Blog Post

dark, dark, darkling

I got interested, for obvious reasons, in reading Hardy's "The Darkling Thrush". There is a discussion about the poem, initiated by Robert Pinsky, going on at Slate's "The Fray" at the moment. I do not much like the idea of a "Fray" over a poem. Somehow, I think one should aim for comments that have a "take-it-or-leave-it" quality rather than a "let's-discuss" cast. But I contributed something. Here it is:

The strength of any piece of writing lies in its power to generate disagreement. By this measure, "The Darkling Thrush" is strong.

It's a mistake with any lyric to look too rapidly in it for a message or a takeaway. That's the best way to miss such great details as the perceptual sequence by which Hardy's poem so sensitively captures "noticing". He shows that the way people usually see birds is first by hearing "a voice" and only then, by turning their gaze in the direction of the sound and scrutinizing the trees, glimpsing a "gaunt, and small" creature which is singing in a way strangely at odds with its fragile appearance. Then we turn away again or let our minds wander, precisely as the poem does here, because, emotionally speaking, the sound of the birdsong always amounts to so much more than the sight of the bird. Hardy gives us hearing preceding, and succeeding, seeing, which for denizens of a culture obsessed with ocular truth, feels like a moment of liberation.

If I wander around in the interior of the poem rather than rushing banally to its end for the deeply enigmatic conclusion, what strikes me is how complex and obsessive Hardy's fascination with boundaries is here. He sets himself on thresholds of time—large ones, the turn from the 19th to the 20th century, and, more local ones, the transition from day to night. (Incidentally, it's a wonderful "late afternoon" poem; which is a very rare time for poetry to describe, no doubt that's partly the attraction for Hardy.) He also positions himself between spatial axes, leaning, and thus neither fully upright nor prone, and on a spatial threshold—the gate. Moreover, we're at the interface of nature and culture, since a coppice is a small wood, where trees are allowed to grow for the purpose of being periodically cut for human use.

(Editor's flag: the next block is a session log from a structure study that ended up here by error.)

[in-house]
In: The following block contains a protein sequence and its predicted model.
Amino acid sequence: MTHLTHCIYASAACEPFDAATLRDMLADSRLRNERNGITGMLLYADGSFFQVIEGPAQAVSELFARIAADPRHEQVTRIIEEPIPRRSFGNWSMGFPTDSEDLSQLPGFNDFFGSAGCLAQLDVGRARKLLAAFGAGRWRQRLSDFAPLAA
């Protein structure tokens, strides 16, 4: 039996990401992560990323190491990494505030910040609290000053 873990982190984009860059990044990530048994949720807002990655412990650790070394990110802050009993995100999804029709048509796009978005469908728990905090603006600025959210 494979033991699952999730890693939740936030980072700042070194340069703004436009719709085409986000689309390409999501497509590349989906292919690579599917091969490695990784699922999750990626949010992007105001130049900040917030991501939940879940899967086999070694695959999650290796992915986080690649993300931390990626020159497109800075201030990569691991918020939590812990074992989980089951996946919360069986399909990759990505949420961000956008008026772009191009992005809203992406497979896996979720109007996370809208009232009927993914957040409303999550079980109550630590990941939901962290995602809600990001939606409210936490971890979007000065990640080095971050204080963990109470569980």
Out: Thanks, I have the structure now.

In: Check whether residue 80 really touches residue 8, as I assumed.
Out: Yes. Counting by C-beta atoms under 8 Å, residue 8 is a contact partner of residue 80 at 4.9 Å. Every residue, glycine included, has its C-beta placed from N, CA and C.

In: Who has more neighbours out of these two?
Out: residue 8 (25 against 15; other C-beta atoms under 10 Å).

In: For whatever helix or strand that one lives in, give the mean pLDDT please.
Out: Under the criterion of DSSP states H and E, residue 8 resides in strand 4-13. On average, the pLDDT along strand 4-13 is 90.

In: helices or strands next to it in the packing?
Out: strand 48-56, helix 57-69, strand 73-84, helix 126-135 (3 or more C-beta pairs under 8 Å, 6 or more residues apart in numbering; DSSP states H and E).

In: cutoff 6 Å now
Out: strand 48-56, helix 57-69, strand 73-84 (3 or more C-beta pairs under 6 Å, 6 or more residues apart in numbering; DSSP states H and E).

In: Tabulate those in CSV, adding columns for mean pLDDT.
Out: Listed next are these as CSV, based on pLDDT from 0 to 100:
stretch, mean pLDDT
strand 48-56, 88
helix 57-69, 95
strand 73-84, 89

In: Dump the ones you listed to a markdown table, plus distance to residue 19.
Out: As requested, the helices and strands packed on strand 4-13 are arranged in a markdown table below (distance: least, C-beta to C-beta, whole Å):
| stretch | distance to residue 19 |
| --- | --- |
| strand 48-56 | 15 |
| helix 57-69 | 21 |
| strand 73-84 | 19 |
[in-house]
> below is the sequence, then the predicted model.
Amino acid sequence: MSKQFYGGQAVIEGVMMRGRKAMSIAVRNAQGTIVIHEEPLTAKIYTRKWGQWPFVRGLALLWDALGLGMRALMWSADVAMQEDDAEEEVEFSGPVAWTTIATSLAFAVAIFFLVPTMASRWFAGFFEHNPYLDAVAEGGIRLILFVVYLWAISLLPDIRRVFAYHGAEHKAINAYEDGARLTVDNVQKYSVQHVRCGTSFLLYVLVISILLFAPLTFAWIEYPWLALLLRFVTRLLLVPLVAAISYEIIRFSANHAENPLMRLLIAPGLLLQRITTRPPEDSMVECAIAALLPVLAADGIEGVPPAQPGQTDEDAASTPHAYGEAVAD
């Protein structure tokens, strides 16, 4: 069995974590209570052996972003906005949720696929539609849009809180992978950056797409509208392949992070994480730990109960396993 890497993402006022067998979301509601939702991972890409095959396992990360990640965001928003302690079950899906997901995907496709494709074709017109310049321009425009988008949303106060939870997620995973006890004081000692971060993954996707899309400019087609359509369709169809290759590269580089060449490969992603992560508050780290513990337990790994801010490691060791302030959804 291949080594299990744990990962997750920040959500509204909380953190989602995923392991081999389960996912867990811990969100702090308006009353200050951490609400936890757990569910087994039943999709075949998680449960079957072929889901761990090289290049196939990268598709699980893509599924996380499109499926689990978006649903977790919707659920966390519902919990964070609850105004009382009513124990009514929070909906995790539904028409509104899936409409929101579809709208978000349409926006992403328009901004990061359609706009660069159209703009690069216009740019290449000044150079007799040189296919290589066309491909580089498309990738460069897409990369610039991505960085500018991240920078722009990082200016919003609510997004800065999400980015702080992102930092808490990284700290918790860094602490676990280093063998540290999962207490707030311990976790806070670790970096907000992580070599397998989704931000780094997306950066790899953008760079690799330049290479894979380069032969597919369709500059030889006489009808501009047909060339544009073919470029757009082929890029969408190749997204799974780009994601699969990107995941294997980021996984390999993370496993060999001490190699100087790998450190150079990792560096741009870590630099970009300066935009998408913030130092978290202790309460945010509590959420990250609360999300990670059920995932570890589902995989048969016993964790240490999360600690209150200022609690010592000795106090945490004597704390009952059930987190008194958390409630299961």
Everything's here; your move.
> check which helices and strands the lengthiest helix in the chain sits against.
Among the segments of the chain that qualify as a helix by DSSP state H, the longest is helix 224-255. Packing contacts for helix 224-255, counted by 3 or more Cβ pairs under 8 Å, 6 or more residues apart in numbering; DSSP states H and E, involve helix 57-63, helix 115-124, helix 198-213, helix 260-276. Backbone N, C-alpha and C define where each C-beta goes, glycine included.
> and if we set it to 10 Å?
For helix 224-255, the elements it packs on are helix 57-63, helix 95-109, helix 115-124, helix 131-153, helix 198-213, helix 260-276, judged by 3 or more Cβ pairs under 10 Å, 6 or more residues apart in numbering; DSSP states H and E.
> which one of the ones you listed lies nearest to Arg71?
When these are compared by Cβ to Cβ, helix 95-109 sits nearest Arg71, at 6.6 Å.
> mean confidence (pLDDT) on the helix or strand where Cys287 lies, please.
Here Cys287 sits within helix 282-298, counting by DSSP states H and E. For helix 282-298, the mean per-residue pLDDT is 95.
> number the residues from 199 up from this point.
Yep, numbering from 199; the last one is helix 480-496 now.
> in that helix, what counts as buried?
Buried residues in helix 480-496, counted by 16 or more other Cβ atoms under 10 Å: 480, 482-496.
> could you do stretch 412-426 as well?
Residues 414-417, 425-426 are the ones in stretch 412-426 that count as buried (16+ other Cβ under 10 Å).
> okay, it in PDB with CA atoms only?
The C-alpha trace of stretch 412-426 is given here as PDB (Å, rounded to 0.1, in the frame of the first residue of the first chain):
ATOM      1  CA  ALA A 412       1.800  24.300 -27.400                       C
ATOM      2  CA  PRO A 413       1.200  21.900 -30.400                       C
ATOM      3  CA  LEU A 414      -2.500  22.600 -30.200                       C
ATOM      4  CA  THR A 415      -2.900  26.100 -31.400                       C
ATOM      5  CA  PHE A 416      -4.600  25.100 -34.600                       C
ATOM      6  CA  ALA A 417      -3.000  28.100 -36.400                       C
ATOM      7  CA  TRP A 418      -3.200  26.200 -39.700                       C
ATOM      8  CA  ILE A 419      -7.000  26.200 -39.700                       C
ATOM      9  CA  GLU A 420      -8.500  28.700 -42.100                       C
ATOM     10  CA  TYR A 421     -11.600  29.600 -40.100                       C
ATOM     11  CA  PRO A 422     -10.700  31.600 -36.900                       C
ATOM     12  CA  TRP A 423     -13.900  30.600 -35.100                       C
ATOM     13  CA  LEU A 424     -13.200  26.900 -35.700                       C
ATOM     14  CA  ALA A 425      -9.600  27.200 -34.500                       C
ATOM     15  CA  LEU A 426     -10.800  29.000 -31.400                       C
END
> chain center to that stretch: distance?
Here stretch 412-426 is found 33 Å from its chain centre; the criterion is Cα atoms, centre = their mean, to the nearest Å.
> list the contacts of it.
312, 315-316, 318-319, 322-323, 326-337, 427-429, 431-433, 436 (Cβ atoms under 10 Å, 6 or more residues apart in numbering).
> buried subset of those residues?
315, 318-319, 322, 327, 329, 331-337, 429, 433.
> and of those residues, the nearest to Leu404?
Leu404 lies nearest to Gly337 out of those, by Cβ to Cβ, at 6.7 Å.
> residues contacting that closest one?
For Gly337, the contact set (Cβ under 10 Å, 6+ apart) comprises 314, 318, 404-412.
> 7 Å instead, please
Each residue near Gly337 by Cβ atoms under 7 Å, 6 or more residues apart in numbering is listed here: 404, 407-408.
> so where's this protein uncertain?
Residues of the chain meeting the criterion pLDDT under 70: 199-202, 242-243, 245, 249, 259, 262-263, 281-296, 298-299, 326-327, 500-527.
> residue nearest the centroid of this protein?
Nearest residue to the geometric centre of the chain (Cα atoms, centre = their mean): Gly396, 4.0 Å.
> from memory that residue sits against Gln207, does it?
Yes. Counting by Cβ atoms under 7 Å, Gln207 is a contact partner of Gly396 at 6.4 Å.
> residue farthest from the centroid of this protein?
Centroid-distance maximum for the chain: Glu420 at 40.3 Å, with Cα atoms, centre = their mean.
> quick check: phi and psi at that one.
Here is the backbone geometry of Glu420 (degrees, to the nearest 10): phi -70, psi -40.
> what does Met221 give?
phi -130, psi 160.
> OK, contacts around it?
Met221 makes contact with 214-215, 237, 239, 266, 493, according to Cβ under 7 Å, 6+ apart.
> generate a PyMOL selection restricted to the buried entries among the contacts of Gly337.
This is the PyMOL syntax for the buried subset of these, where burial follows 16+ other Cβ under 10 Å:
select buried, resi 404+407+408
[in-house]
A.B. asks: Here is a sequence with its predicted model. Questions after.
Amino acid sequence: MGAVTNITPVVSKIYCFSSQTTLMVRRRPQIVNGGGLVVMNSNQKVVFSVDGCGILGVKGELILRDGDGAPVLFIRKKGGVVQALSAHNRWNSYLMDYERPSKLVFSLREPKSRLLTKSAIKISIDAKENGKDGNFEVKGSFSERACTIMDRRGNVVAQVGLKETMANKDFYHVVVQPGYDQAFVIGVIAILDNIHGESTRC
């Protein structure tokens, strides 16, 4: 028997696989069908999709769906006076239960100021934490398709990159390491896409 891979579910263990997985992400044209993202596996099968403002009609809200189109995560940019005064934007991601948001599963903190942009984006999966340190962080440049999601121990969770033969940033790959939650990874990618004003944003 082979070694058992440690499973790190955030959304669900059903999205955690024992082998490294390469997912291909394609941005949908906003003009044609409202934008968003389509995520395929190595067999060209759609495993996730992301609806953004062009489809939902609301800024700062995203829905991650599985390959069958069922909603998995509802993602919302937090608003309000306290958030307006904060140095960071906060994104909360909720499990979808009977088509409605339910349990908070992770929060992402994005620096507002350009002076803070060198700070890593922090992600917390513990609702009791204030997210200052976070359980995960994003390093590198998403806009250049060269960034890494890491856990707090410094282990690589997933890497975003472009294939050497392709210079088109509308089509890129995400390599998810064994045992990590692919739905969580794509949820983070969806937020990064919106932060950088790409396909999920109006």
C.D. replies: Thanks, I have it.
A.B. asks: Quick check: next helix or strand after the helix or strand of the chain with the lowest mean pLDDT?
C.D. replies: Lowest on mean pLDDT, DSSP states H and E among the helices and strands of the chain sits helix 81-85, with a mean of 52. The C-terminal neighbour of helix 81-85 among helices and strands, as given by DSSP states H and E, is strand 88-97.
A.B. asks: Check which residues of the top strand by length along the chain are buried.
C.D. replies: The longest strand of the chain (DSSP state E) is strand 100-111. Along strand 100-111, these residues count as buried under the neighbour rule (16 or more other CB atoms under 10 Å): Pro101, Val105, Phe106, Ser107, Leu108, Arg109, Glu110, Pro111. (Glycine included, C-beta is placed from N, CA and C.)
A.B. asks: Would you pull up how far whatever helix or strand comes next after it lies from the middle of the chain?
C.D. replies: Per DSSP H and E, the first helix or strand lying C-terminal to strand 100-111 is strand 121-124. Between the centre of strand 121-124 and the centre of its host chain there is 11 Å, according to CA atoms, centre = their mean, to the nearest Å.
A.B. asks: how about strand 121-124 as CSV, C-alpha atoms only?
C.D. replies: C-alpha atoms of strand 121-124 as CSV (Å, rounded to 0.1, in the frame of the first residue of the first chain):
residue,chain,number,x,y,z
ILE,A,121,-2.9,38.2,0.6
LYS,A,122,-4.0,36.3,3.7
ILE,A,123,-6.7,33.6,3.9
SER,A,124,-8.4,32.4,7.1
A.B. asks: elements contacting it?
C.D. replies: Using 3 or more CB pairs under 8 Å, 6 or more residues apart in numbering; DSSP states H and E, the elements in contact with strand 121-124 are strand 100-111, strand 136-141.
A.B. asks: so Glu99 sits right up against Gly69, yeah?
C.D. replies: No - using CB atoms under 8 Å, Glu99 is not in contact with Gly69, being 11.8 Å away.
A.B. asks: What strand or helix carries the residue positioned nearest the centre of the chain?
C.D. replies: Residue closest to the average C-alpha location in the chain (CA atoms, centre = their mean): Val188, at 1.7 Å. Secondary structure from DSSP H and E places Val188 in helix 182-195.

These checks, borders and encountered limits, the varying points of demarcation and contrast, some of which the reader only notices subliminally at first, are what bank up the emotion which is suddenly, almost violently released in that shining word "illimited".

Hardy's speaker—I use that term not to play dull epistemological games but just to gesture towards the exquisite dramatic calibrations Hardy manipulates; this is anything but a spontaneous, unpremeditated overflow of powerful feeling—can't quite bring himself madly, ecstatically to "fling his soul" into the growing gloom in the way the thrush seems to. Nor can he quite make himself step out of the tangible, solid world of fences, paths, hedges. Or liberate himself from well-organized stanzas and rhymes. But the poem trembles at its own brinks, emotional, sensory, literary. Look at those beautifully uncomfortable off-rhymes: "coppice gate"/"desolate" (nobody reading the poem sensitively will say "dess-oh-layte"), "seemed to be"/"canopy", or "among"/"evensong". Or at the way that each of the first two stanzas is made from two relatively crudely soldered-together quatrains, whereas each of the last two stanzas, under the influence of the speaker's simultaneous excitement at and distrust of the bird's song, melts into a single, more fluid, but still not completely deliquescent sentence.

Hardy uses these subtle chafings at self-imposed limits to show his words stretching, deliberately ineffectually, towards the ineffable which can, if conditions are right, be intuited but not spoken. Perhaps that's what modern poetry is? A via negativa, a lonely haunting of once-sacred spots, an overhearing of a strange, unsanctioned music which might or might not any longer be redemptive, a "desolate" searching in the fading light for numinous signs? The authenticity of the experience in "The Darkling Thrush", as in so many Hardy poems, comes not from fulfillment but doubt, not from messages but withholdings, from a mind showing how it is possible to dwell in uncertainties, to find beauty (of a kind) in absences and, if they are seized hold of in language acutely enough, poetry in the very feelings of finitude, incomprehension and unawareness.

Cross-posted at Nicholas Jenkins's blog.

Nicholas Jenkins's picture
Nicholas Jenkins writes about and teaches 20th-century culture and literature, especially poetry. After receiving his B.A. from Oxford, Jenkins came to the United States as a Harkness Fellow. He did postgraduate work at Columbia and was then employed as an editor and writer at ARTnews magazine in New York. He received a D.Phil. from Oxford and, after teaching in the Harvard English Department for two years, he joined the Stanford English Department in 1998. Jenkins is currently completing two projects: a critical edition of W.H. Auden's The Double Man (1941) and a book, under contract to Harvard University Press, called The Island: W.H. Auden and the Making of a Post-National Poetry. Jenkins has edited a Lincoln Kirstein Reader and co-edited and contributed to three volumes of Auden Studies. He is Series Editor of the Princeton University Press's "Facing Pages" translation series, and he regularly contributes essays and reviews to periodicals that include the London Review of Books, the Times Literary Supplement, New York Times Book Review, the New Republic, the New Yorker, and the Yale Review. A recepient of fellowships from the ACLS and from the Stanford Humanities Center, Nicholas Jenkins is Co-Chair of the W.H. Auden Society and Literary Executor of the poet, scholar and ballet impresario Lincoln Kirstein.